“How you feeling Pablito,” Reyes yelled from across the bar, arms wrapped around a bikini clad Latina. How does such a revolting looking man do it? I think to myself, and then reply:

“Yo nado en el mar de tequila y cerveza. Y tu?”


It’s now Monday morning.

“Cut it with the water,” I moaned at Reyes. And then the surf washed over me and I realized that I fell asleep on the beach. Then I remembered everything else.

I stumbled up the steps into the hotel. The owner greeted me, “Como estas Juan Pablo,” he said.

“La buena vida, Tio,” I said and walked off in search of my room.

Basin And Range

First Class BusThe moment the bus pulled south of San Antonio my eyes grew happy. Movement. Seeing. Even if it was a withering brown nothingness.

I put my book away and whipped out my notepad.

“Good to know old habits die hard,” said Reyes. “I bet that’s what you did the entire trip across Saudi Arabia?”

“Turkey, Reyes. I was in Turkey. And India. And Thailand.”

“They’re all Muslims to me, hermano.”

“Not only are you ugly, but you’re ignorant,” I shot back.

“At least my momma loves me,” he said.

“Jesus,” I said.

“Yes, how can I help you?”

“Look, I know that’s your name, but I said Jesus, not he-soos.”

“I answer to both.”

“Shut up.”

Two hours outside of Laredo the land cut up. Oxidized road cuts. Strange cube-like stones. Distant glassy peaks filled the background. Brambles and huisache, mesquite and spidery ocotillos reached up from the thirsty desert floor. Senderos rode out, hazy in the cactus flats.

We pulled into Monterrey. Reyes attempted a feeble joke about the local ‘beisbol’ team.

“What is it with Mexican’s and ‘beisbol,’ Pablito?” He said. “We should stick with ‘futbol.’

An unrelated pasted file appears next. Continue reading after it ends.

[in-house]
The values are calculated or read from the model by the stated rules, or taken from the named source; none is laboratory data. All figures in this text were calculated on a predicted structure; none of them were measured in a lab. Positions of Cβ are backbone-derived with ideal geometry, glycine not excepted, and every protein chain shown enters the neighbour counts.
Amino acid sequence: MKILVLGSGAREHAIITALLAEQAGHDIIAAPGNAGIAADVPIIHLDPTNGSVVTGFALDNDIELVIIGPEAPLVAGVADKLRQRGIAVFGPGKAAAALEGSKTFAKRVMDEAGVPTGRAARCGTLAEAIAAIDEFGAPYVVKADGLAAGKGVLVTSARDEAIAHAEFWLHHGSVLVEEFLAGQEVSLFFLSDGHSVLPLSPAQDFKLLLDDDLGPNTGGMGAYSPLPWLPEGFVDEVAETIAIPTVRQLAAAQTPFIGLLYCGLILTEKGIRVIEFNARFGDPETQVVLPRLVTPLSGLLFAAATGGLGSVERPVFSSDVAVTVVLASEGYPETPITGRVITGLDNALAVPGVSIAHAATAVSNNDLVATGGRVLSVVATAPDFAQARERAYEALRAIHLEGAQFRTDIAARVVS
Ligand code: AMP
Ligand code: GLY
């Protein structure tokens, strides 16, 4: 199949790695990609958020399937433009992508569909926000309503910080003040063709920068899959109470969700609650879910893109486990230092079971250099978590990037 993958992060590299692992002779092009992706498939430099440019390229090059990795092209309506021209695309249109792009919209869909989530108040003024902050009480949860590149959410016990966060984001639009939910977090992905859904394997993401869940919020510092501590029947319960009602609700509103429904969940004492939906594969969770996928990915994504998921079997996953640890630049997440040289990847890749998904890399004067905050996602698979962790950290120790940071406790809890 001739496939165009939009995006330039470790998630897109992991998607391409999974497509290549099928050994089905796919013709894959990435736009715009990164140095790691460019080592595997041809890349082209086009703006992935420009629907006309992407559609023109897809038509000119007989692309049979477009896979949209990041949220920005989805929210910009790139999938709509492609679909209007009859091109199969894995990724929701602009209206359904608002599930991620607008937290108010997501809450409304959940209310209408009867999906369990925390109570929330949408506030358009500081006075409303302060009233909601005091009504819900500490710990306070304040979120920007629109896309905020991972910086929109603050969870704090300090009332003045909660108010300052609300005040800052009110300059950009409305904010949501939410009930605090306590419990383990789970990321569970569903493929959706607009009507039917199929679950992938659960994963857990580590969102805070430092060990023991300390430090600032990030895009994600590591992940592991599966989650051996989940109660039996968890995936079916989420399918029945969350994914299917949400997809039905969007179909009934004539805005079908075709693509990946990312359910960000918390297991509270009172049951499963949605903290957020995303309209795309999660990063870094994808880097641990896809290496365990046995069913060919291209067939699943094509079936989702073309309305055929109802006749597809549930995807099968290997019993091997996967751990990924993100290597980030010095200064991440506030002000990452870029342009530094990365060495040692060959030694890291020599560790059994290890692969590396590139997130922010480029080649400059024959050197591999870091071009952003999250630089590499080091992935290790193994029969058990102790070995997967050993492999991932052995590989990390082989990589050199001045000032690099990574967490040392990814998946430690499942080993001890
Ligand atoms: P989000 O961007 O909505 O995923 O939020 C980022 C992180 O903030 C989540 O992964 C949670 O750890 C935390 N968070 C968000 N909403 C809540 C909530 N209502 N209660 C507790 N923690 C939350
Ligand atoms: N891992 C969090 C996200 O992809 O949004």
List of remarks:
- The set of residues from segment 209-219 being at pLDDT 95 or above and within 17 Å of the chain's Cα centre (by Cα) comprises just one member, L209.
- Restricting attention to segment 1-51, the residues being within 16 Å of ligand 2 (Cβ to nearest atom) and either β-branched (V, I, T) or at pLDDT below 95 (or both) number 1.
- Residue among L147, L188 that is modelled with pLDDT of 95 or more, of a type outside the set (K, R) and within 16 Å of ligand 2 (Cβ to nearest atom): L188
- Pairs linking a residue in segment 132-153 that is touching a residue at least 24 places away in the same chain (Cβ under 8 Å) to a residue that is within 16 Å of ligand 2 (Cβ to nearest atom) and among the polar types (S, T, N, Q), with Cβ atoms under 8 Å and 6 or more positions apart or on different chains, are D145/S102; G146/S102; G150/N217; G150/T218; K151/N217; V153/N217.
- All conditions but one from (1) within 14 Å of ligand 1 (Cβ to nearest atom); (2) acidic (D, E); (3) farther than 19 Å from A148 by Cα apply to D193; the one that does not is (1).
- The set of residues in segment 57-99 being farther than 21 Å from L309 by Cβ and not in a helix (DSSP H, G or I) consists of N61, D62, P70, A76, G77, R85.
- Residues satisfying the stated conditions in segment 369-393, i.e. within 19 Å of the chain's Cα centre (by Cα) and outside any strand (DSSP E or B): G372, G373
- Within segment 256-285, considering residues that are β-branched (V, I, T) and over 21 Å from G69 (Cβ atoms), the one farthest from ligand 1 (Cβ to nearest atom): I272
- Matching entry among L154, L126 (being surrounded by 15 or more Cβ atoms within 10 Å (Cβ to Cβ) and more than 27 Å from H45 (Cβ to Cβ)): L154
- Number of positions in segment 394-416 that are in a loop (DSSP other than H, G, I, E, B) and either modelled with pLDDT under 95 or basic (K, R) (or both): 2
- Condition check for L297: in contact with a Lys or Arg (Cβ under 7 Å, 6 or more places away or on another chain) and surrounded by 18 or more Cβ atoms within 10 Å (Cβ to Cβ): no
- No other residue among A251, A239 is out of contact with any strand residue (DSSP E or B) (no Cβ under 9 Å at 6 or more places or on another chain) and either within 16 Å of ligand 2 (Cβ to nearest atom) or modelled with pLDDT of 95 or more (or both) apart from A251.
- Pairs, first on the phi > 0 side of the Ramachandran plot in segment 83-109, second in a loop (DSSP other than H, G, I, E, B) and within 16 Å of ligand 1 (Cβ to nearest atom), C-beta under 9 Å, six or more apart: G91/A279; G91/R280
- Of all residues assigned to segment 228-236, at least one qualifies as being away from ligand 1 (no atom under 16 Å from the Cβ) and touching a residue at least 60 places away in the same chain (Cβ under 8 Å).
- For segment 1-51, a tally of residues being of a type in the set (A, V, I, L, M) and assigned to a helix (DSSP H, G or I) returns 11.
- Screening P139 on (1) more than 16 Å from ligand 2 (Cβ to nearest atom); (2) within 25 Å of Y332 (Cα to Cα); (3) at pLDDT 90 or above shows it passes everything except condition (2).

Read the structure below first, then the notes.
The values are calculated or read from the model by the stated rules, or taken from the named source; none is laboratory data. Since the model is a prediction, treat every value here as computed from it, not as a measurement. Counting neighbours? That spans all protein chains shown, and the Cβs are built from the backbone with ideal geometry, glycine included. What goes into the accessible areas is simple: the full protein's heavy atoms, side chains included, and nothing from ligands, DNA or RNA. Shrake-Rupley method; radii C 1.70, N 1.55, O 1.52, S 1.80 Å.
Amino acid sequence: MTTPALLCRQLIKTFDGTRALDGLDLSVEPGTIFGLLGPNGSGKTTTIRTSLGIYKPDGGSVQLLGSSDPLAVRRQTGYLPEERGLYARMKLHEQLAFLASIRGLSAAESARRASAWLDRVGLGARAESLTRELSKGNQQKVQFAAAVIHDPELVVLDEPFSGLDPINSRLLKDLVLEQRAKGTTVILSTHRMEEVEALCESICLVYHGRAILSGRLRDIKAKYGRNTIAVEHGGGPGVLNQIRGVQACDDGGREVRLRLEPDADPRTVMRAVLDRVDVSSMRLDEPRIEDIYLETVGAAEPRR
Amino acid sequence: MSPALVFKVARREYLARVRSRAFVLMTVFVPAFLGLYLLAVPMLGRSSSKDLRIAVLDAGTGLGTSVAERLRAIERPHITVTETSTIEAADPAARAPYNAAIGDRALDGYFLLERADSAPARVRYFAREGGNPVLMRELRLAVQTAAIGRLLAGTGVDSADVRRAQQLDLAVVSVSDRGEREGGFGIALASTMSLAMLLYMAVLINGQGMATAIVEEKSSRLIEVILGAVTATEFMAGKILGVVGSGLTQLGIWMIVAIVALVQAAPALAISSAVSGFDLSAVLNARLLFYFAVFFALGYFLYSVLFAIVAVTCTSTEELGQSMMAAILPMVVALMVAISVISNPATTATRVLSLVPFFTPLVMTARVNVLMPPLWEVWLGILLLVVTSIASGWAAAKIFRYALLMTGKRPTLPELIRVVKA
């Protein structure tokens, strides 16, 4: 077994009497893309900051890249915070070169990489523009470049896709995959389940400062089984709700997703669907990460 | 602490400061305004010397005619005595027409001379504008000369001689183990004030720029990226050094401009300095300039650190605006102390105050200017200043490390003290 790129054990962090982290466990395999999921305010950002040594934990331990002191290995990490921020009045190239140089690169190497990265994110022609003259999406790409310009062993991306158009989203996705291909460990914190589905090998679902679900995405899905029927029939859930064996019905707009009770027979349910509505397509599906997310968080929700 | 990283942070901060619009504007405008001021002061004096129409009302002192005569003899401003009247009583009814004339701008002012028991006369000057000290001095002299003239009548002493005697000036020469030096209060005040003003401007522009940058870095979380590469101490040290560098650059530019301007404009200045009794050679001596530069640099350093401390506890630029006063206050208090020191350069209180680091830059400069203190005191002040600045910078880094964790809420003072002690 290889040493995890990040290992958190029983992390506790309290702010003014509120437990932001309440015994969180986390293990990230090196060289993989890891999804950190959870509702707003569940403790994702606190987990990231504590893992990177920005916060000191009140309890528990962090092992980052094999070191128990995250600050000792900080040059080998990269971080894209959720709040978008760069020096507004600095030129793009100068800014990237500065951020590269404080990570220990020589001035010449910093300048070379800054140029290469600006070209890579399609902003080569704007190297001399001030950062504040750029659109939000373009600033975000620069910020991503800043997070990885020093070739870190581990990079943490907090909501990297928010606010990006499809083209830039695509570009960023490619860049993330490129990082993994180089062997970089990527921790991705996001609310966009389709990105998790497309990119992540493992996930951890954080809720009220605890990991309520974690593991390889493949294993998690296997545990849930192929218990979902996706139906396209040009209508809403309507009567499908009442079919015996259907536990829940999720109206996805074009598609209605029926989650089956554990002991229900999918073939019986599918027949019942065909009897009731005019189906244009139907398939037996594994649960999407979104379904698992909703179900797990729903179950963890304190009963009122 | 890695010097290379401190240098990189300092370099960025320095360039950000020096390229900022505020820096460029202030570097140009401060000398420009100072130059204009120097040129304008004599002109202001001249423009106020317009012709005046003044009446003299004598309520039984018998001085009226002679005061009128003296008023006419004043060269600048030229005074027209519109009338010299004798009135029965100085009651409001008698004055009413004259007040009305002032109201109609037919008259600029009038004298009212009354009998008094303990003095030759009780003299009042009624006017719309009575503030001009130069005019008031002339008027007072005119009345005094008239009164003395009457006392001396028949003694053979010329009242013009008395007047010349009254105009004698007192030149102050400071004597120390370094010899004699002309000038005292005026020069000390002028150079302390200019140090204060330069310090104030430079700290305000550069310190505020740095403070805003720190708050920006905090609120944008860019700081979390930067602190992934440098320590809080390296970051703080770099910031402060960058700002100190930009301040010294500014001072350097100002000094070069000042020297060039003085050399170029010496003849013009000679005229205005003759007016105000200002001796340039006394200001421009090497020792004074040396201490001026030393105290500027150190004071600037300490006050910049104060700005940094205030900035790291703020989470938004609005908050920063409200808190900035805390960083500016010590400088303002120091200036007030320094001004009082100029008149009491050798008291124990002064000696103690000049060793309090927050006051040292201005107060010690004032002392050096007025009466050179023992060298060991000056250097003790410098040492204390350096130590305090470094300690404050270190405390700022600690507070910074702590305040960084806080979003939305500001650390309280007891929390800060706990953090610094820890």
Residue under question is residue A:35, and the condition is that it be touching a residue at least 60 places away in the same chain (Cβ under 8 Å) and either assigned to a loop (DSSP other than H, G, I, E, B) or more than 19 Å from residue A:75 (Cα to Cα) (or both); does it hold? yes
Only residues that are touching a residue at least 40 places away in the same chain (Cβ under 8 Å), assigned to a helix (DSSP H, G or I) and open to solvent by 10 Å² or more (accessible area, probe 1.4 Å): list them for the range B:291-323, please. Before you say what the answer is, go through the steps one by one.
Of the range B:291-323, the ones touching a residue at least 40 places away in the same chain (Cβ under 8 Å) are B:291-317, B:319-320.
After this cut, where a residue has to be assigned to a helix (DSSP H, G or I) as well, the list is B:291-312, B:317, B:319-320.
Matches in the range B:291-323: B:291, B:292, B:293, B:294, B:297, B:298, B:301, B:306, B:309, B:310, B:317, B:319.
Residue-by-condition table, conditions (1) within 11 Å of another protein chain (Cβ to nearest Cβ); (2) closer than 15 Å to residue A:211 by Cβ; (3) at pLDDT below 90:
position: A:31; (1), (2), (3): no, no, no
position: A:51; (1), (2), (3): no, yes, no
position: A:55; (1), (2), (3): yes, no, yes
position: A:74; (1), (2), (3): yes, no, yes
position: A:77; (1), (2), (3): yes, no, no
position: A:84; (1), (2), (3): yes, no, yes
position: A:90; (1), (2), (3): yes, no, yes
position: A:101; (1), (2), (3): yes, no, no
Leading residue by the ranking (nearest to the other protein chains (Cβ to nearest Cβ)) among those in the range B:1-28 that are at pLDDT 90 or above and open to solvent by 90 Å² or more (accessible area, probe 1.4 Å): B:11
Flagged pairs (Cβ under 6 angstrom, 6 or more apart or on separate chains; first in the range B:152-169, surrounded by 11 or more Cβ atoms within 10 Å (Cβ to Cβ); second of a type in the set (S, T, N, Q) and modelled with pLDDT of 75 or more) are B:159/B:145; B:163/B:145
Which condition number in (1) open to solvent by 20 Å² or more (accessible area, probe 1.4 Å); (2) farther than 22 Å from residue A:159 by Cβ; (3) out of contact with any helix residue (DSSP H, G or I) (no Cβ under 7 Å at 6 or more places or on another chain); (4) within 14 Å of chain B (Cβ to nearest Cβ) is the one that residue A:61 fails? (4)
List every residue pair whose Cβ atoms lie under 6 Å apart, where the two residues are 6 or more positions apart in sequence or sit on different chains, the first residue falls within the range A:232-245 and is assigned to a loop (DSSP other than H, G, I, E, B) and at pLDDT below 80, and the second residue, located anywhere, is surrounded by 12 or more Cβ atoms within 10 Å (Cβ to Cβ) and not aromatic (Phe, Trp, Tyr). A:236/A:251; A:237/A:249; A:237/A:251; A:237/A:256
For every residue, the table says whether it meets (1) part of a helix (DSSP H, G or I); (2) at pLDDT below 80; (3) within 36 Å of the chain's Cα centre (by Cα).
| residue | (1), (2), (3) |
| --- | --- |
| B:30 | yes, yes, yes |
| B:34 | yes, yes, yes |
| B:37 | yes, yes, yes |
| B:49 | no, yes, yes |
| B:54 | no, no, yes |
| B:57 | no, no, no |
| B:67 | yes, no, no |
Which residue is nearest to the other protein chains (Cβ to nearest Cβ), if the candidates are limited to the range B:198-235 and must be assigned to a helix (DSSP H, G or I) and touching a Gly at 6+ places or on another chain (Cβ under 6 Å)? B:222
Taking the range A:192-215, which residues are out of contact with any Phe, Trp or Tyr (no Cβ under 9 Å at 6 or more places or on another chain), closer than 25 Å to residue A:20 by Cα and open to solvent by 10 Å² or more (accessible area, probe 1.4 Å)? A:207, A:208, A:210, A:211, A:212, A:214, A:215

“We beat you. And Spain,” I said.


“We still beat you.”


Twenty minutes outside of Monterrey the mountains galloped up from the earth. Here was thrust, uplift, erosion–a living orogeny of ribs wandering up and down the hillsides. Peaks danced in the glinting light. Outcrops winked silvery and green. The late afternoon sun splashing across the horizon.

And then we crept into the flat desert floor–peaks scattered miles away like pebbles–filled with scare-crow cactuses, like awkward crucifixes. The sun set.

I sighed deeply, drinking in the last light in of the basin and range.

“Reyes,” I said, “it’s good to be on the road again.”

“Si, Pablito, it’s nice to see you smile.”

Swimwear Fail

Bahia NavidadA short tale is in order to give you an idea how serious the water and currents are here. It’s one thing to sit on the beach and watch the surf come rolling in, watch the swell rise up the beach for half a kilometer and down it for another two hundred yards. It’s another thing to see the curl begin down the beach and then hear it break. It’s like the roar of fifty diesel engines revving up all at once. And then to see a semi-swell crash right into the wave that just broke, sending spray twenty feet up into the air. Seeing the turquoise waters turn into a raging froth of white is viscerally powerful.

But this morning while out in the surf I missed a wave. Again! My board jackknifed into the air. I was too busy trying to fight the undertow and trying to miss the incoming projectile to realize that the water had ripped my shorts clean off.

Talk about hysterical!

Thank God–she does have a wicked sense of humor, however–Reyes was close at hand. He promptly went to get me some new shorts.

“It’s happened to me before, g├╝ero,” he told me. “You’re lucky I’m hungover. Otherwise I’d make you do it.”

Like I said, God has a sense of humor.

All in a morning’s work, no?